Court: SUPREME JUDICIAL COURT OF MASSACHUSETTS
Citation: 356 Mass.163
Parties: IRVING KAUFMAN & another vs. LEITH L. LEARD & others.
Hearing Date: March 7, 1969
Decision Date: June 5, 1969
Judges: WILKINS, C.J., SPALDING, WHITTEMORE, CUTTER, & KIRK, JJ.
An architect engaged by the owner of a house for a remodeling thereof was a general agent of the owner for that purpose, and contractors hired by the architect for the work were not bound by a limitation of cost imposed by instructions of the owner to the architect in the absence of anything putting the contractors on notice of such limitation on the architect’s apparent authority. [167-168] On the facts, where the cost of remodeling a house greatly exceeded a maximum cost imposed by instructions of the owner to the architect and the owner was liable to the contractors engaged by the architect for the full amount of the contractors’ charges, it was held that the architect was liable to the owner for the excess of cost over such maximum, but that the architect would be entitled to an offset consisting of what, according to established standards of the architectural profession, would be a reasonable margin of excess cost plus the architect’s fee, up to the amount of increased value added to the house by the excess cost. [170-171] An architect engaged by the owner of a house for a remodeling thereof and liable to the owner by reason of cost incurred by the owner greatly in excess of a maximum cost imposed by the owner in instructions to the architect, upon paying the owner, would be entitled to take credit for an unpaid balance of his architectural fee.  An architect engaged by the owner of a house for a remodeling thereof had authority to hire a painter on a time and materials basis.  In a suit in equity under G. L. c. 214, Section 3 (3), by the owner of a house against an architect and contractors engaged for a remodeling there of, where the architect and one contractor appealed from a decree ordering the owner to pay the contractors certain amounts even though they were greatly in excess of a maximum cost imposed by the owner in instructions to the architect, and ordering the architect to pay the owner a certain amount by reason of the excessive cost, it was held that if, upon a rehearing ordered, the amount due from the owner to the appellant contractor should be increased, a corresponding increase should be made in the amount to be paid by the architect to the owner notwithstanding that the owner had not appealed from the decree.  Page 164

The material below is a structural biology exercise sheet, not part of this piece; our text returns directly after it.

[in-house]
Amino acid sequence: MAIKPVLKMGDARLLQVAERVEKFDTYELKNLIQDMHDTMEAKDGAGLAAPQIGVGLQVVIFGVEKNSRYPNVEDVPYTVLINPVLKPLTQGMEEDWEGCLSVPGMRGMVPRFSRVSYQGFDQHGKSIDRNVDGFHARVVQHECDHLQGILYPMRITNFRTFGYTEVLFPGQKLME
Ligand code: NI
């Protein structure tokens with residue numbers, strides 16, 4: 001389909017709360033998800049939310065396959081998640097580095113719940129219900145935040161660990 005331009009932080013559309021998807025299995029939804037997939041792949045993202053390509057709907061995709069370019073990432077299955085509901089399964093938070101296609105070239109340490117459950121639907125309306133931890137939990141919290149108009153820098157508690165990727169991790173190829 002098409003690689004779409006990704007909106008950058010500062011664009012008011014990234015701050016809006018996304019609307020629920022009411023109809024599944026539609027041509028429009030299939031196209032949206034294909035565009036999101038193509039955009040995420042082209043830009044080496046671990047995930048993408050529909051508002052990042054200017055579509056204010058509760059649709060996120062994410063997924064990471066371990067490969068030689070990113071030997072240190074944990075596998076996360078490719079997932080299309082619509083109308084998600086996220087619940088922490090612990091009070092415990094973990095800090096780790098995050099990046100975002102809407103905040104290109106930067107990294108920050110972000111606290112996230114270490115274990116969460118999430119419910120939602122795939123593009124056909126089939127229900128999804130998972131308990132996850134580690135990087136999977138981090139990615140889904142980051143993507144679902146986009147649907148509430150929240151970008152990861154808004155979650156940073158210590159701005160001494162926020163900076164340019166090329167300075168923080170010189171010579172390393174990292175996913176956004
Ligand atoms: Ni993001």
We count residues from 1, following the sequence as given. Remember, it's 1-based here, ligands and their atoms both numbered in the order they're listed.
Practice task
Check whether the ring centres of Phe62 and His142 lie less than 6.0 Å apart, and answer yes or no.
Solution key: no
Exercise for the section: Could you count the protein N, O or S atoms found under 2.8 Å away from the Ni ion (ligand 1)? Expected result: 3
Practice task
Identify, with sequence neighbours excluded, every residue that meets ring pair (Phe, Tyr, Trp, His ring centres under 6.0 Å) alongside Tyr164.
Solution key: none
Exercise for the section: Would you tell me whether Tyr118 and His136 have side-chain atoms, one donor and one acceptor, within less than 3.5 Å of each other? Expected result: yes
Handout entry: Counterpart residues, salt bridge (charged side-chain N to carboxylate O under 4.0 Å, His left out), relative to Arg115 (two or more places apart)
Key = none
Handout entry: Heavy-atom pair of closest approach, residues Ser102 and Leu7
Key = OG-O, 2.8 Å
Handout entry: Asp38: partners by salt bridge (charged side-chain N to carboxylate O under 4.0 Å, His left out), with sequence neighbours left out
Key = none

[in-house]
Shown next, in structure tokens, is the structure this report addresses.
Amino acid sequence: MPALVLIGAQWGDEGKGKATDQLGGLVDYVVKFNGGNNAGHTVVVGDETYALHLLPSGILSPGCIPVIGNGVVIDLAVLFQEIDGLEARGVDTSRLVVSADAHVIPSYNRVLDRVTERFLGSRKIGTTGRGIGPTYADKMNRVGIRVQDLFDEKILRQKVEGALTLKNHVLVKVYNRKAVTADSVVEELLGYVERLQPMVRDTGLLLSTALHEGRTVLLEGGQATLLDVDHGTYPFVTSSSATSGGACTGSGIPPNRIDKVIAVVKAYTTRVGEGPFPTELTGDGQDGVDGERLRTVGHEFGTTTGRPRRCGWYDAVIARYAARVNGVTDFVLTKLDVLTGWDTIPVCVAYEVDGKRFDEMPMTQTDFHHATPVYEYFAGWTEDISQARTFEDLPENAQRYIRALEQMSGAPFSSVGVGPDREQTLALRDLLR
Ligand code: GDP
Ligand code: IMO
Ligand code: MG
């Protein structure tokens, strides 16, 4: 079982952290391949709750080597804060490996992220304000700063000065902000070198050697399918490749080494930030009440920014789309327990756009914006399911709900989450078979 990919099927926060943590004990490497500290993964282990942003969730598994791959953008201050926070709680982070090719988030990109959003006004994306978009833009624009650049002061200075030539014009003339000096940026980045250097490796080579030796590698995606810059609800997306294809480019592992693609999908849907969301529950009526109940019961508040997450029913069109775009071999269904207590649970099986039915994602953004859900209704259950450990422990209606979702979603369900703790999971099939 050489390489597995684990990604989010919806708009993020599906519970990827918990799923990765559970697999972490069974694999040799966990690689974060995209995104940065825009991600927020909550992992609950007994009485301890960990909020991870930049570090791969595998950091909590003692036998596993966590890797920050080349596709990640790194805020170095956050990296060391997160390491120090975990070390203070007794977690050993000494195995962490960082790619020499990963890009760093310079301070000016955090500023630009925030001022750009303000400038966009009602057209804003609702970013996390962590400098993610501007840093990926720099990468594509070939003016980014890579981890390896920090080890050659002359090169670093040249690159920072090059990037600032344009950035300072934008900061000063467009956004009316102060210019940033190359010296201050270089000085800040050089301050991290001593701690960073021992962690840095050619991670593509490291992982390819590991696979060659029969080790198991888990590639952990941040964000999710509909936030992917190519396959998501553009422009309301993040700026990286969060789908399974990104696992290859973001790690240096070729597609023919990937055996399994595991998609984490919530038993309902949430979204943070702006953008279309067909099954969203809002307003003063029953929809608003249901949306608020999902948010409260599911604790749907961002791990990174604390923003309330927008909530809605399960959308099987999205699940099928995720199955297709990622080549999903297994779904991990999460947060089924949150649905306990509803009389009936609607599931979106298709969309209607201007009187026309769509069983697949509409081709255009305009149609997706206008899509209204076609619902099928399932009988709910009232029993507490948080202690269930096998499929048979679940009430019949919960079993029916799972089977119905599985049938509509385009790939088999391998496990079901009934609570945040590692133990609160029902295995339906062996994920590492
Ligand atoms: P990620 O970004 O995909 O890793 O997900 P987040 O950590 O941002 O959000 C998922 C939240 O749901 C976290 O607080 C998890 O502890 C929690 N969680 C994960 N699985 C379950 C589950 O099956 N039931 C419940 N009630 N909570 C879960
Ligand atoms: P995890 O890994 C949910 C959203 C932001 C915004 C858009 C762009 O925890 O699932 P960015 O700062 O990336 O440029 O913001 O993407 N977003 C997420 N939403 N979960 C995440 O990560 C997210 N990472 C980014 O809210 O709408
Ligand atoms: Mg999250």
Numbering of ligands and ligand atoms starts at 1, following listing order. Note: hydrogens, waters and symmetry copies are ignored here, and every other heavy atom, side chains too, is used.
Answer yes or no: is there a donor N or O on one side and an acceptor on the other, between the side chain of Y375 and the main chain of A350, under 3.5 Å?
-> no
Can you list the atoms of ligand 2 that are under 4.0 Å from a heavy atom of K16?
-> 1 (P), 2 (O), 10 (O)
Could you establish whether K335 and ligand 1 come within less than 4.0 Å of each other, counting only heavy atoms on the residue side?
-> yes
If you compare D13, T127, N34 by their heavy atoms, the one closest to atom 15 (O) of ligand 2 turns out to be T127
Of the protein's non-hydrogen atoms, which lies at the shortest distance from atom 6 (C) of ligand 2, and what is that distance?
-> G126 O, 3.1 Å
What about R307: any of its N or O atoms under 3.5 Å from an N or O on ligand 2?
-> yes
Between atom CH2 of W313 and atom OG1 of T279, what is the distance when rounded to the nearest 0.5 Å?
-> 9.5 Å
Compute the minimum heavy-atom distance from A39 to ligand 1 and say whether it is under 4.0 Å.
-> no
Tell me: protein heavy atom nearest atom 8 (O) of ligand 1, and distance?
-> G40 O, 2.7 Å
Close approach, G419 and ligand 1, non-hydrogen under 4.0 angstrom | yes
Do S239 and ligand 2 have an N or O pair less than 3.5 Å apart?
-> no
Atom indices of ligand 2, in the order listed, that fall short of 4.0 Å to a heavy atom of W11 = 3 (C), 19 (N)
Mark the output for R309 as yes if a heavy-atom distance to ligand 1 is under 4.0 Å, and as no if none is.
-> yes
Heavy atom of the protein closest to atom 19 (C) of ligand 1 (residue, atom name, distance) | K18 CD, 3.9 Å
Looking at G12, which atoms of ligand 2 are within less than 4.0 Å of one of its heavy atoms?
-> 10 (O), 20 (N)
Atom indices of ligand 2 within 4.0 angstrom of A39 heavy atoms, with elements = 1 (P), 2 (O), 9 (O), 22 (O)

BILL IN EQUITY filed in the Superior Court on October 24, 1962.
The suit was heard by Kalus, J., on a master’s report.
Carl M. Sapers for Arthur H. Brooks, Jr.